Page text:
A visual inspection of the results for the 10^{3}-element cube in Fig. 6 indicates that the homogenization model can predict to a large degree the far-field scattering of large finite-size 3-D metamaterial arrays using bulk equivalent parameters, allowing huge computational savings. Even for smaller cube-shaped arrays, good agreement is observed and the main physics of the problem and the overall near-field effects appear to be qualitatively captured. It appears that the straight edges in this configuration improve the homogenized model performance by avoiding granularity effects and truncations at the edges that were necessary for a curved boundary. It is interesting to note that the scattering patterns for the homogenized cubes show less sharp zeros than the corresponding arrays. Still, the minima and position of the lobes are well aligned in all configurations. Panel (i) in Figs. 4–6 shows a snapshot in the time-domain electric field around and inside the arrays of different size. In the smallest array, a standing wave is observed inside the metamaterial array and homogenized cube due to the mismatch at the two edges. The fields are very well captured right outside the boundaries of the object. As the array becomes larger, negative slope and backward phase propagation become more evident inside the structures, consistent with the double-negative nature of the metamaterial. The near- and far-field distributions are well captured for all sizes of the metamaterial objects, implying that the homogenized model can be used with confidence in modeling large metamaterial arrays.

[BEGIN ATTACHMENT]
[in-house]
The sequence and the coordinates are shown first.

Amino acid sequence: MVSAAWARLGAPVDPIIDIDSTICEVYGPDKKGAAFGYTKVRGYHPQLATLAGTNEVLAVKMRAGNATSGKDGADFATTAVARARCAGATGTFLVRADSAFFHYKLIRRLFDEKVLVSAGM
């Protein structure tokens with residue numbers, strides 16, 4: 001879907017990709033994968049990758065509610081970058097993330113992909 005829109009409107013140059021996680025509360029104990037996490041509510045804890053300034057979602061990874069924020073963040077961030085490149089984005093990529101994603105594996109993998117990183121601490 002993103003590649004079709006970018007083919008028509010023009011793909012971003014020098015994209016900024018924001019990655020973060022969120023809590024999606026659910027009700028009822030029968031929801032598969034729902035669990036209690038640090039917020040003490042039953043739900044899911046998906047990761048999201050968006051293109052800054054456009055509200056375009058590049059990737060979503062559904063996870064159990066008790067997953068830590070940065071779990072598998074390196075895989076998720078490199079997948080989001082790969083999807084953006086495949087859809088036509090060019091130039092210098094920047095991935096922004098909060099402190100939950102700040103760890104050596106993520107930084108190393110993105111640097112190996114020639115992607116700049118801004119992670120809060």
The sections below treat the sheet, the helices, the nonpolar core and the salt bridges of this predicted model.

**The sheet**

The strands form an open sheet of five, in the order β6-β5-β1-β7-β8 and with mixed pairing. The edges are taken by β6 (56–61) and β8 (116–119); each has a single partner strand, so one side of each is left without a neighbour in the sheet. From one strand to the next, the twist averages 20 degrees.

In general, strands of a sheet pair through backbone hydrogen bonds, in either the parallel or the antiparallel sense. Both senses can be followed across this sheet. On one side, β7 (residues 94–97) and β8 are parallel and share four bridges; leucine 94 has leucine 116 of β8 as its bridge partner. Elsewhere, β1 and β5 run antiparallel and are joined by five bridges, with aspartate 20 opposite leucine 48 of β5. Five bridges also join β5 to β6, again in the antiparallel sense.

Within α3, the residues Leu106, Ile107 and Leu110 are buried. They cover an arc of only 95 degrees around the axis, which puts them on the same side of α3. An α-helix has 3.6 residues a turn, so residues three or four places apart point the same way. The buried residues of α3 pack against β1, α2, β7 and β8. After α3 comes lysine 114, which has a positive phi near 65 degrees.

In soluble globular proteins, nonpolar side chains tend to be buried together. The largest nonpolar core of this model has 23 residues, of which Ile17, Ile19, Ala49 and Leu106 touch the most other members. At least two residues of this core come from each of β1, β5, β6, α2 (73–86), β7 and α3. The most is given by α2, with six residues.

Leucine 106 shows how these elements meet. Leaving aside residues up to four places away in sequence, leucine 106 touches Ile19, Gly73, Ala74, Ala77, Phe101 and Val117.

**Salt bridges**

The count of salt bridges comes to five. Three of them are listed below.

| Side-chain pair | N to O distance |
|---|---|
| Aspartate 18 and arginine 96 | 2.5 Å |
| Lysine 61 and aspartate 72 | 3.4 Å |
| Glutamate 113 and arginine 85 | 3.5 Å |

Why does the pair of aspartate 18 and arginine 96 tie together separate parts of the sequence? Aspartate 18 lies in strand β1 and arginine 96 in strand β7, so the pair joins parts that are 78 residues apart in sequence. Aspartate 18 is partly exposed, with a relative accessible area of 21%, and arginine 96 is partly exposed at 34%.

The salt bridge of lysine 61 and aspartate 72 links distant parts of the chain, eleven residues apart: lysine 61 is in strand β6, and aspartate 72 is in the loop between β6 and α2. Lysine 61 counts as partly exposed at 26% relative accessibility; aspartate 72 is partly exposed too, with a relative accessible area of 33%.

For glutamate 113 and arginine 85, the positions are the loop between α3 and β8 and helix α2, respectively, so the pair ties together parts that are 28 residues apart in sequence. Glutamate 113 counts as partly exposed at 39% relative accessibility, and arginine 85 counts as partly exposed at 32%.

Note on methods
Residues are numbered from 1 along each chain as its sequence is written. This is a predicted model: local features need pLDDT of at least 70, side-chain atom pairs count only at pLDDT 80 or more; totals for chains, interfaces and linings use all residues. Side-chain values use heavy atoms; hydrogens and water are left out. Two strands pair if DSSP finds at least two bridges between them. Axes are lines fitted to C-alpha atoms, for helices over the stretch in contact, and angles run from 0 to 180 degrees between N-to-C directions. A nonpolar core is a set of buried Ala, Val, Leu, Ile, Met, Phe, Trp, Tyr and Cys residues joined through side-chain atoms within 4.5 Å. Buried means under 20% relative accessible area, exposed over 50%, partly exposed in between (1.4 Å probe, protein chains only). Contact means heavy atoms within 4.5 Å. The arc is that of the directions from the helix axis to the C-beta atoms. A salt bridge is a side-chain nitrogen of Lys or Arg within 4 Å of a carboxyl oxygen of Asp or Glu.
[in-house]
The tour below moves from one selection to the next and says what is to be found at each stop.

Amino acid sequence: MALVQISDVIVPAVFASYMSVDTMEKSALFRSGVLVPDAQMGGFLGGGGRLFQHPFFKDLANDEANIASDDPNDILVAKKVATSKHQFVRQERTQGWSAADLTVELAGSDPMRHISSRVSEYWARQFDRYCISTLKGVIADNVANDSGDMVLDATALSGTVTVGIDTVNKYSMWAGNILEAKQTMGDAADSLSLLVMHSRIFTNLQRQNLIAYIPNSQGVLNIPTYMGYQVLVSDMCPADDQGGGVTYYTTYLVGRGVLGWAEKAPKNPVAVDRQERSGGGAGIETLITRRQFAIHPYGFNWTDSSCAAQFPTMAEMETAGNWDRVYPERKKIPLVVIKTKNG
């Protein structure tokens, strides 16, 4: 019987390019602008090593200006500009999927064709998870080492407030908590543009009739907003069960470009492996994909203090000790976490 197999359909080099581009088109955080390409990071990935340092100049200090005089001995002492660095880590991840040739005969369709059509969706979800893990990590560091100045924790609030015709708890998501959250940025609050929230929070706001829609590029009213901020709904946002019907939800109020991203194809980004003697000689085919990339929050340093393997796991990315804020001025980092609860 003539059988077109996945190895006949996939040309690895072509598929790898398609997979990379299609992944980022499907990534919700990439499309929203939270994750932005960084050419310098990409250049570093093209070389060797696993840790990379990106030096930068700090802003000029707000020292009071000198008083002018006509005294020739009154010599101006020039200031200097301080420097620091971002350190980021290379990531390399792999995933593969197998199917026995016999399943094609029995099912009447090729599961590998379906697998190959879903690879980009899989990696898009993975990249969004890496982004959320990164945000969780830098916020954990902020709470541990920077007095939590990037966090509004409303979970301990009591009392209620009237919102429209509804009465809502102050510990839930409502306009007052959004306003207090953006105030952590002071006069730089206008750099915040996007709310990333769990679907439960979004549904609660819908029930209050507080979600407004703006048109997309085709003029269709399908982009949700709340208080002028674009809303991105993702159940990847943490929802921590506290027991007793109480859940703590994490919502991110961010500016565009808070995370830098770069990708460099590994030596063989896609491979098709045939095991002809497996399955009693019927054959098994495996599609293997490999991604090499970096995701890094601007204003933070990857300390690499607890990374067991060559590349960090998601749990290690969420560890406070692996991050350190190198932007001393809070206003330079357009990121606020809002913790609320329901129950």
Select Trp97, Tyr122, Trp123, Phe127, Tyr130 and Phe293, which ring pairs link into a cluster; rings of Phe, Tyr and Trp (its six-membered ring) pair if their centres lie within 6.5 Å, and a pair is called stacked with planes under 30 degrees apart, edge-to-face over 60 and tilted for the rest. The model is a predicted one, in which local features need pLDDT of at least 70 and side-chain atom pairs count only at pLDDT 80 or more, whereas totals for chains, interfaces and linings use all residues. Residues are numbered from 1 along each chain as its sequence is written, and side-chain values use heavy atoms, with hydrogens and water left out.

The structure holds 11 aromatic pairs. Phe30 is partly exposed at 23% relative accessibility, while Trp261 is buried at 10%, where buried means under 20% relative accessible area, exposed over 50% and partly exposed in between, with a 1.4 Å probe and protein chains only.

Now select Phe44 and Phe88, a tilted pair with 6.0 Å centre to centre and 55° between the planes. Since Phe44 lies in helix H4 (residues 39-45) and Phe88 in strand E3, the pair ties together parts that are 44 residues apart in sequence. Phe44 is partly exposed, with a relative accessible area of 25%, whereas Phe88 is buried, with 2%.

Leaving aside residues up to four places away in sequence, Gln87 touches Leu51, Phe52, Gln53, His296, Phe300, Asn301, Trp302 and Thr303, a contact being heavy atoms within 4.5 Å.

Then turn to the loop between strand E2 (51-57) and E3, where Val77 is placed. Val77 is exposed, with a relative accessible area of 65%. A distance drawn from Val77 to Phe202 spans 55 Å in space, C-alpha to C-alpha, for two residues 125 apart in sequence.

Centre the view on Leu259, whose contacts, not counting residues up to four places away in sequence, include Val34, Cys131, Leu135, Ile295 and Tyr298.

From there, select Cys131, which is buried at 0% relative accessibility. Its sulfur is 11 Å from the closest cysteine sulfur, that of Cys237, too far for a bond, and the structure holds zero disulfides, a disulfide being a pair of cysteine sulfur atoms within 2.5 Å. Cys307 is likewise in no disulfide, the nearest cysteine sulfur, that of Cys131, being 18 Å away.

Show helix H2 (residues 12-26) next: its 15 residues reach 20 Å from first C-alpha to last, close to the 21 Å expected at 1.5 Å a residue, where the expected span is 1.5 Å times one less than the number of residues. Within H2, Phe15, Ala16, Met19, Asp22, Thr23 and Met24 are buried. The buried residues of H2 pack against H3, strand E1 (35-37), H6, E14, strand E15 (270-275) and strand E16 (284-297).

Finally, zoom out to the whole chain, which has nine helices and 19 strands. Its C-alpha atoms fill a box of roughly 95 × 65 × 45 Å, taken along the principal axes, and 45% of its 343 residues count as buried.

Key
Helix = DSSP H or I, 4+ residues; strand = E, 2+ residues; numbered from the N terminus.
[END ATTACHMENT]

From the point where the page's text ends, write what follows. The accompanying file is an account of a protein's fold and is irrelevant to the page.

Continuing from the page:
## 6. Conclusions